On The Money Grain Commentary 4-12-12

Corn Outlook:

     The bulls were silenced when USDA left 2011-12 ending stocks of corn unchanged from March at 801 MB.  Traders expected a reduction of 70-80 MB because of the decline in the grain stocks report last month.  However, supplies remain tight as world stocks fell 1.4 percent with stocks-to-usage in the lower third of the twenty-year range.  Meanwhile, planting is off to a fast start at 7 percent complete compared to the average of 2 percent.  Illinois is 17 percent done, which is well above the average of one percent.  Export inspections were 23.3 MB and below the average needed to reach USDA’s target of 1.7 BB.  Right now, shipments are running 12 percent less than the pace necessary to achieve their target.  In other developments, the trend following funds are less bullish as they trimmed their long futures position 100 MB to 695 MB.  The longs of the index funds grew 20 MB to 2.015 BB.        

     July corn fell to 622.75 on Wednesday and rebounded.  This is a short-term low ending the decline from the April 3rd high at 659.75.  Resistance is expected on a rebound to 643.  Meanwhile, if 622.75 fails, look for support at 615 or 608.  Seasonally, corn futures tend to work lower until the end of April followed by a rebound into early May.  Longer-term, there is little reason for a breakout of the trading range that has been ongoing since October.  Unless weather becomes a factor, the next market mover is not until the supply-demand report on May 10th.  Next week, the odds are even as to whether July futures will be higher or lower.

Bean Outlook:

      Traders bullish soybeans got their wish when the USDA lowered 2011-12 ending stocks 25 MB to 250 MB.  Argentina and Brazil’s production fell 1.5 and 2.5 million tons, respectively, from last month.  However, even with the reduction world stocks-to-usage remain in the upper third of the twenty-year range.  In the meantime, bullish enthusiasm for soybeans has become excessive as the long position of the trend following funds is at a record 1.030 BB, while the index funds are long 850 MB.  The market can ill afford any negative fundamental news or adverse developments in the macro economic sector.  In other news, export inspections were 26.3 MB with China taking 9.4 MB.  This was the smallest shipment taken by them since last year.

      July soybeans peaked at 1453.25 on Tuesday and backed off to 1416.75 Wednesday.  If you will notice on the chart, the market has risen beyond the upper boundary of the channel line, which has now become support.  A close beneath it, however, is a sign the market is topping.  In the meantime, the pullback resembles a correction and, if so, increases the chance for climbing slightly past the contract high made in August at 1470.75.  Meanwhile, all bets for this happening are off if 1416.75 cannot hold.  Keep in mind that the funds are holding a record long position and for them, commodities are purely a money game.  Nearly 60 percent of the volume in soybeans stems from activity by the funds and high frequency traders.  Next week, the odds are even as to whether July futures will be higher or lower.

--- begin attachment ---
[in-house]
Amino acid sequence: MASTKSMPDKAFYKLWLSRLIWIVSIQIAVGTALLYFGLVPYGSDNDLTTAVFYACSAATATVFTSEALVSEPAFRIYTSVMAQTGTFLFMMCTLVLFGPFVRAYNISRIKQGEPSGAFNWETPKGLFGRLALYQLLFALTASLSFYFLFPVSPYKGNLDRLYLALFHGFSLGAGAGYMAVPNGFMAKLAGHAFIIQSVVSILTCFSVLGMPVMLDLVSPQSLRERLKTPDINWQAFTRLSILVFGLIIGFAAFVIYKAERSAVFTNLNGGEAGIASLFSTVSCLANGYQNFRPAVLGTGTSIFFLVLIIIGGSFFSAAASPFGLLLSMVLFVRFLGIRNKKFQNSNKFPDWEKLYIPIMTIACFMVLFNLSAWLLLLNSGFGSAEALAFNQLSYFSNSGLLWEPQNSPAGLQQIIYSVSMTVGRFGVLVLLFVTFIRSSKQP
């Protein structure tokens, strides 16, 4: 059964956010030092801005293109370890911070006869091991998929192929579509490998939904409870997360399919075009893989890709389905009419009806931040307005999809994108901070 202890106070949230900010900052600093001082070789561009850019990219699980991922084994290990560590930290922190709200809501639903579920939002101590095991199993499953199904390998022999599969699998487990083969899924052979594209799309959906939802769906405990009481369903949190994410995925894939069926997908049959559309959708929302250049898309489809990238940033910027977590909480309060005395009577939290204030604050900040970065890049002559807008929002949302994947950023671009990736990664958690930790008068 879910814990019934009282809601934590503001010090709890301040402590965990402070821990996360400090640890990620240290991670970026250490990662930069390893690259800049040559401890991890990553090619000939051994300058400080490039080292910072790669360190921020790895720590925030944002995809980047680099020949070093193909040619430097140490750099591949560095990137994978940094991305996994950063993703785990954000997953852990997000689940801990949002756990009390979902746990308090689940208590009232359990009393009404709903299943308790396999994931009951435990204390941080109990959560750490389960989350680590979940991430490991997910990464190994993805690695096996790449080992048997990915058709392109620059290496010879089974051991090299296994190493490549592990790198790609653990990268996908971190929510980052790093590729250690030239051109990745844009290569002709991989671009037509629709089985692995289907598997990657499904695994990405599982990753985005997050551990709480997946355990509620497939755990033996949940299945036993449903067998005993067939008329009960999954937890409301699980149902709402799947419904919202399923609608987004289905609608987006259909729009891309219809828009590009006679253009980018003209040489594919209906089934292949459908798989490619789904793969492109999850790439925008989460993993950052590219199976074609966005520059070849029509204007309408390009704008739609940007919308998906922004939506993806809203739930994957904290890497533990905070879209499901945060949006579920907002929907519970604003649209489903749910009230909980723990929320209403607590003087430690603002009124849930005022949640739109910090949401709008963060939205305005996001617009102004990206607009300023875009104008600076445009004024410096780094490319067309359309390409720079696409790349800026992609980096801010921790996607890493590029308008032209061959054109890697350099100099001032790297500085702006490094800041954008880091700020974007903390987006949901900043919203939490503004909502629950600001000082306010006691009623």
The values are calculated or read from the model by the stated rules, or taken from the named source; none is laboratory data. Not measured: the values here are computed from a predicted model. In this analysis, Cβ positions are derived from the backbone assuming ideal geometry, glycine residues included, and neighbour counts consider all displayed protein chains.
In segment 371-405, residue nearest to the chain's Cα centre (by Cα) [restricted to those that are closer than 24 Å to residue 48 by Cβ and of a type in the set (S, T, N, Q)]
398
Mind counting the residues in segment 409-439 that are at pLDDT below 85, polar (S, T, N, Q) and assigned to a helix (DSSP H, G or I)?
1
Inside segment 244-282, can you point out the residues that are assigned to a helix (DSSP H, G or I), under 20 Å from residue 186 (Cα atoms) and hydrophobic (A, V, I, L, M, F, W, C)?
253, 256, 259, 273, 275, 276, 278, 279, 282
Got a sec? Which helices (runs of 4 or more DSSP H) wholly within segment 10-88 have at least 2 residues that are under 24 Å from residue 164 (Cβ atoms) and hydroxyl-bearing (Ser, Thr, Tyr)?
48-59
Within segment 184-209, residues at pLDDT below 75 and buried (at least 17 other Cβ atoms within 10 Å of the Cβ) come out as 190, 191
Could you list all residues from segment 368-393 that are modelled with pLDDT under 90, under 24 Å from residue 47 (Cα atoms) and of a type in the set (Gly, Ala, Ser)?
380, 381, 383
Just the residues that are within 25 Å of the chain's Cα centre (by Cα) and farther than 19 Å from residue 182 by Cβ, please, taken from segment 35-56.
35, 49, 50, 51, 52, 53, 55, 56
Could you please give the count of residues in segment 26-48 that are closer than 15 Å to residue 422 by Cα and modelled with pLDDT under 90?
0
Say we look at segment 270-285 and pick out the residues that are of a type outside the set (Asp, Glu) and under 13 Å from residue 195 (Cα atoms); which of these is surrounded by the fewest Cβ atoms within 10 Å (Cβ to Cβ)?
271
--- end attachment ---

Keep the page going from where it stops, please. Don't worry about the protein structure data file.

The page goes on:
Wheat Outlook:

     Traders got friendly surprise in wheat when the USDA reduced 2011-12 ending stocks 32 MB from March to 793 MB.  In addition, world stocks fell 1.4 percent.  The reduction was attributed to more wheat finding its way into feed rations.  Meanwhile, global stocks are considered ample.  The winter wheat crop is improving as 61 percent is rated in good-to-excellent condition, up 3 percent from the previous week.  Spring wheat planting is off to a fast start at 21 percent complete compared to the average of 5 percent.  Export inspections were disappointing at 17.6 MB and below the average needed to reach USDA’s projection of 1.0 BB.  In other developments, the trend following funds increased their short futures position 15 MB to 400 MB.  The index funds are long 1.085 BB.    

     July wheat fell to 626.75 on Wednesday and has established a double bottom with last month’s low at 626.25.  Short-term, we are due for a rebound to 653-660.  Seasonally, wheat futures generally trend lower until the end of April followed by a recovery into early May.  Longer-term, the market is at risk for a sell off to 555.  Next week, the odds are even as to whether July wheat will be higher or lower.

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Comments and suggestions are provided for information purposes only. Information contained herein is obtained from sources believed to be reliable but not guaranteed to its accuracy or completeness. Readers using the information contained herein are responsible for their own actions. No presentations can be made that recommendations will be profitable or that they will not result in losses. This information is neither an offer to sell nor solicitation to buy of the commodity futures mentioned herein. The writer may be trading in the commodities mentioned.


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